Corporations Could Soon Advertise in Our National Parks
In The Public Interest | May 26, 2016
“The Grand Canyon, brought to you by Budweiser. Verizon signs throughout Yellowstone. The thought of advertising in our national parks is nauseating. But it could happen … Anything from sponsoring a bench to designing, building, and even operating a park building would be allowed.”
Yosemite, sponsored by Starbucks? National Parks to start selling some naming rights
Washington Post | May 9, 2016
“The policy says park superintendents must perform a number of fundraising duties,” said John Garder, budget and appropriations director for the National Parks Conservation Association, the nonprofit advocacy group that lobbies for the parks.
“Does that become a major part of the job?” Garder asked. “Can the Park Service say, ‘This person’s doing an awesome job protecting bison, but they’re not raising enough money?’ ”
Losing Our Libraries
Public Goods Post | September 2017
Public libraries are one of our most easily recognizable public goods. Most everyone knows that local public libraries are free to all, and most understand that this is because these libraries are supported collectively, by our taxes. But until citizens voted in the 1800’s in the U.S. to support the first public libraries, access to collections of books depended upon one’s wealth.
This Post is prompted by the potential loss or degradation of yet one more public library in the United States – in this case the one in Escondido, California, which may be privatized.
Privatizing public libraries does not mean that taxpayers stop paying the cost. No. What it means is that the operation of the library is contracted out to a private, for-profit corporation. Taxpayers keep paying — but in order to meet the profit requirements of the newly engaged private operator, one of two things must happen: either the cost to taxpayers must go up or the quality of services must go down. Read More …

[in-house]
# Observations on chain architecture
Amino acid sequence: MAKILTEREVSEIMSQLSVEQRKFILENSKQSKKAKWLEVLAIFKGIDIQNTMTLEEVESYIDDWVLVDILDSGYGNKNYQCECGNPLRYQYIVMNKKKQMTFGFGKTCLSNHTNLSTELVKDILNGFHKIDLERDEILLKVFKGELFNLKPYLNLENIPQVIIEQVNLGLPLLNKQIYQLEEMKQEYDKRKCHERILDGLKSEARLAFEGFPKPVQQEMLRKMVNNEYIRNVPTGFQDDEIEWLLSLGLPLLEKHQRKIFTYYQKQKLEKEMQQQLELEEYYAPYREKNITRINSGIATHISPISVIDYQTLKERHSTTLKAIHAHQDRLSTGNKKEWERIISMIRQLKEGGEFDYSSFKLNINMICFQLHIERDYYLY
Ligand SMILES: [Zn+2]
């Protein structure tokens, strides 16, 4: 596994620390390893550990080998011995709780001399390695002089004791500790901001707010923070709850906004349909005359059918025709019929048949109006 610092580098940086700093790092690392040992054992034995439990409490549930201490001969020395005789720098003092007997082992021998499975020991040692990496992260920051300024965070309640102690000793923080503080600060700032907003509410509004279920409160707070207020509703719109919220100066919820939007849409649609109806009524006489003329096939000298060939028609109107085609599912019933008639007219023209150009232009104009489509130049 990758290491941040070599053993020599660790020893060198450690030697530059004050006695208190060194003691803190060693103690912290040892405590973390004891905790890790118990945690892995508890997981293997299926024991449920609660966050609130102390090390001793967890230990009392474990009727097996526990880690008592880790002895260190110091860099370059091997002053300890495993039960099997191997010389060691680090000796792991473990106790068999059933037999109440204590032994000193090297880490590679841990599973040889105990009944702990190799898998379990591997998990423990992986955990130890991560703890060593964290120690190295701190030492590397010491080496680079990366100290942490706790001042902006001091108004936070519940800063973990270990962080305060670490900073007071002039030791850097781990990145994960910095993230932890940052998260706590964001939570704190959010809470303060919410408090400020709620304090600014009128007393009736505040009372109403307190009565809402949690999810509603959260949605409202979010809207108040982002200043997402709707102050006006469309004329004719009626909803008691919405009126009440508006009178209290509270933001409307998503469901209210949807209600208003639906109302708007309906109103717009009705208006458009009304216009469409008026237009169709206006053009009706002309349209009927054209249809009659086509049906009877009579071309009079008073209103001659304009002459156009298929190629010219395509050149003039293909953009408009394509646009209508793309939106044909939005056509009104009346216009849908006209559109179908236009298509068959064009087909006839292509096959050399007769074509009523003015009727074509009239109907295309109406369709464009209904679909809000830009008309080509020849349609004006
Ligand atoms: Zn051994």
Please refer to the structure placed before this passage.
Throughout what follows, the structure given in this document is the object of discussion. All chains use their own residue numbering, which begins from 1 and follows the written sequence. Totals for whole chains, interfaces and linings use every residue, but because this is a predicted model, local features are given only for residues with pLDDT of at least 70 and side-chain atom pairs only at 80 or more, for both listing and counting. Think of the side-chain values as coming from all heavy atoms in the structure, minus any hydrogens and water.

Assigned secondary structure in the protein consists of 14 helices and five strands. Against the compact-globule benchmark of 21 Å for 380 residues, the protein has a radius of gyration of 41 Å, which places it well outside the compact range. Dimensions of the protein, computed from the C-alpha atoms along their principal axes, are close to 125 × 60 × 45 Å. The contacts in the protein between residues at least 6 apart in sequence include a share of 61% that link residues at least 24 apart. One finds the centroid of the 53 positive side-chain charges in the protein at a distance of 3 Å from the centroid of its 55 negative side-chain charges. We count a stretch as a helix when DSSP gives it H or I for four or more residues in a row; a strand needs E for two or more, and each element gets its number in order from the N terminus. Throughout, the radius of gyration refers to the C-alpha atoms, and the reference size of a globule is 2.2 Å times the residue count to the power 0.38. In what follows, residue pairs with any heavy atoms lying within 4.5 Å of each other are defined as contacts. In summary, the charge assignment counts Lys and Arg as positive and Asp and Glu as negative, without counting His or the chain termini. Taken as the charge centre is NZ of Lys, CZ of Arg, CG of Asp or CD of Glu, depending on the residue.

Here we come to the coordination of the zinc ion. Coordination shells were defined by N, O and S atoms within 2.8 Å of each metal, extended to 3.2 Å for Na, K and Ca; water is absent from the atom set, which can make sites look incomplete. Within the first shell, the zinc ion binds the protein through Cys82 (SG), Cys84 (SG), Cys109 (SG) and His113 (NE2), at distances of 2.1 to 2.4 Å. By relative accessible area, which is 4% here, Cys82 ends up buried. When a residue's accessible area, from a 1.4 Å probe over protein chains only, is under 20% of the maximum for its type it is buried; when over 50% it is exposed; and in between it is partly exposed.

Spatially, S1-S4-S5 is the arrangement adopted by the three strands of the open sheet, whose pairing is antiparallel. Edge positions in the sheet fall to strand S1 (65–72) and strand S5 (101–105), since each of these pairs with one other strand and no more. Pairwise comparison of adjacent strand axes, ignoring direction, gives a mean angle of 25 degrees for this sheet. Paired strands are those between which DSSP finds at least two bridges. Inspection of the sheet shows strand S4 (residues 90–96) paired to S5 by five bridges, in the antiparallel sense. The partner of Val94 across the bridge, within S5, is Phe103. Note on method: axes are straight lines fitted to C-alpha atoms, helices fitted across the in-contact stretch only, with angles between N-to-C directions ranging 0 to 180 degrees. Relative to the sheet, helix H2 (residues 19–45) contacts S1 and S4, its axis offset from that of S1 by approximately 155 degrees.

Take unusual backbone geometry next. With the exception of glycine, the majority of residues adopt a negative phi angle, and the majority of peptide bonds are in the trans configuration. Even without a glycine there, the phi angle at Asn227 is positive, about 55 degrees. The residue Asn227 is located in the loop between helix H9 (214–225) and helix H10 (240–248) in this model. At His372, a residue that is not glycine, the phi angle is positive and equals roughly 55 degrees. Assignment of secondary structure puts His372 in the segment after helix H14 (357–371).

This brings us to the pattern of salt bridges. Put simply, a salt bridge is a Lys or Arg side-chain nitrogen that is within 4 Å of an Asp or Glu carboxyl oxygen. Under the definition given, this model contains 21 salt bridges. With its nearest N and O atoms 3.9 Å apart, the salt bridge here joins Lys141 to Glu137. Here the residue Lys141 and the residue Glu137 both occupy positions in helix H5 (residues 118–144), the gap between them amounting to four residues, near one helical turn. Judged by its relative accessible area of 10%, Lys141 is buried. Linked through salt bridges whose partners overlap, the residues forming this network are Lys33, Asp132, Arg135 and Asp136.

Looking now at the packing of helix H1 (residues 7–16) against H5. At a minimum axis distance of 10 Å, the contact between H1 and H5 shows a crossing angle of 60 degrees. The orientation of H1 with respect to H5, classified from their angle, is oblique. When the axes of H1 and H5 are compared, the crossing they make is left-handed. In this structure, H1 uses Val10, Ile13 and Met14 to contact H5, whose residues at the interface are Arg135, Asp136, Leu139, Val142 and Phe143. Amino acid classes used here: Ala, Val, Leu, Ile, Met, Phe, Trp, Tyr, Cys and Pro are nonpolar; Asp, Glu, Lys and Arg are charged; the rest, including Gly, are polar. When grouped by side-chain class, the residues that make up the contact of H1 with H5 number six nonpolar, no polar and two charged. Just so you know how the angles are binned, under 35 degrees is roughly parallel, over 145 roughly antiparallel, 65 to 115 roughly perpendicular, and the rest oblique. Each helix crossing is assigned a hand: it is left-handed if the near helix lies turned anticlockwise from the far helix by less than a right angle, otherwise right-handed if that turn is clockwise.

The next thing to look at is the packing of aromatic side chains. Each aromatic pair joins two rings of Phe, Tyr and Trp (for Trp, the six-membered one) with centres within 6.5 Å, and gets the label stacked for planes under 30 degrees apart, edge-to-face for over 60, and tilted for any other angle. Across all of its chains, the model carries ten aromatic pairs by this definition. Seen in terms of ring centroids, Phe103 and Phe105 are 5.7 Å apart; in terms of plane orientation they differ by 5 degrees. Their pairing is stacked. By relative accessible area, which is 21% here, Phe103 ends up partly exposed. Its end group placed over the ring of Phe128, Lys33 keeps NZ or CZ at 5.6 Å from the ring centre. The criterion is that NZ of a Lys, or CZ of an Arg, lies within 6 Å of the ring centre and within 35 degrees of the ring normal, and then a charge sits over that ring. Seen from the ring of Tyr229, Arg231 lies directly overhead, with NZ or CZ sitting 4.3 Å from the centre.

The Quiet Revolution and a Submerged Para-state
Public Goods Post
Under normal circumstance, it would be safe to assume that “public goods” are delivered by public agencies. But current circumstances are far from normal. Over the last several decades, more and more public goods have been delivered by a para-state, a privatized government virtually hidden from view. We taxpayers still pay, but our money goes to a growing army of corporations on the public payroll.
Private corporations operate programs, deliver services and even manage other contractors. Some citizens receiving public services encounter only private contract workers, so are unaware that they are receiving a government service. While some forms of contract procurement have been in place since the nation’s birth, the very nature of contracting has changed as it has grown in scope. Basic governmental functions are now outsourced to for-profit corporations. Read more…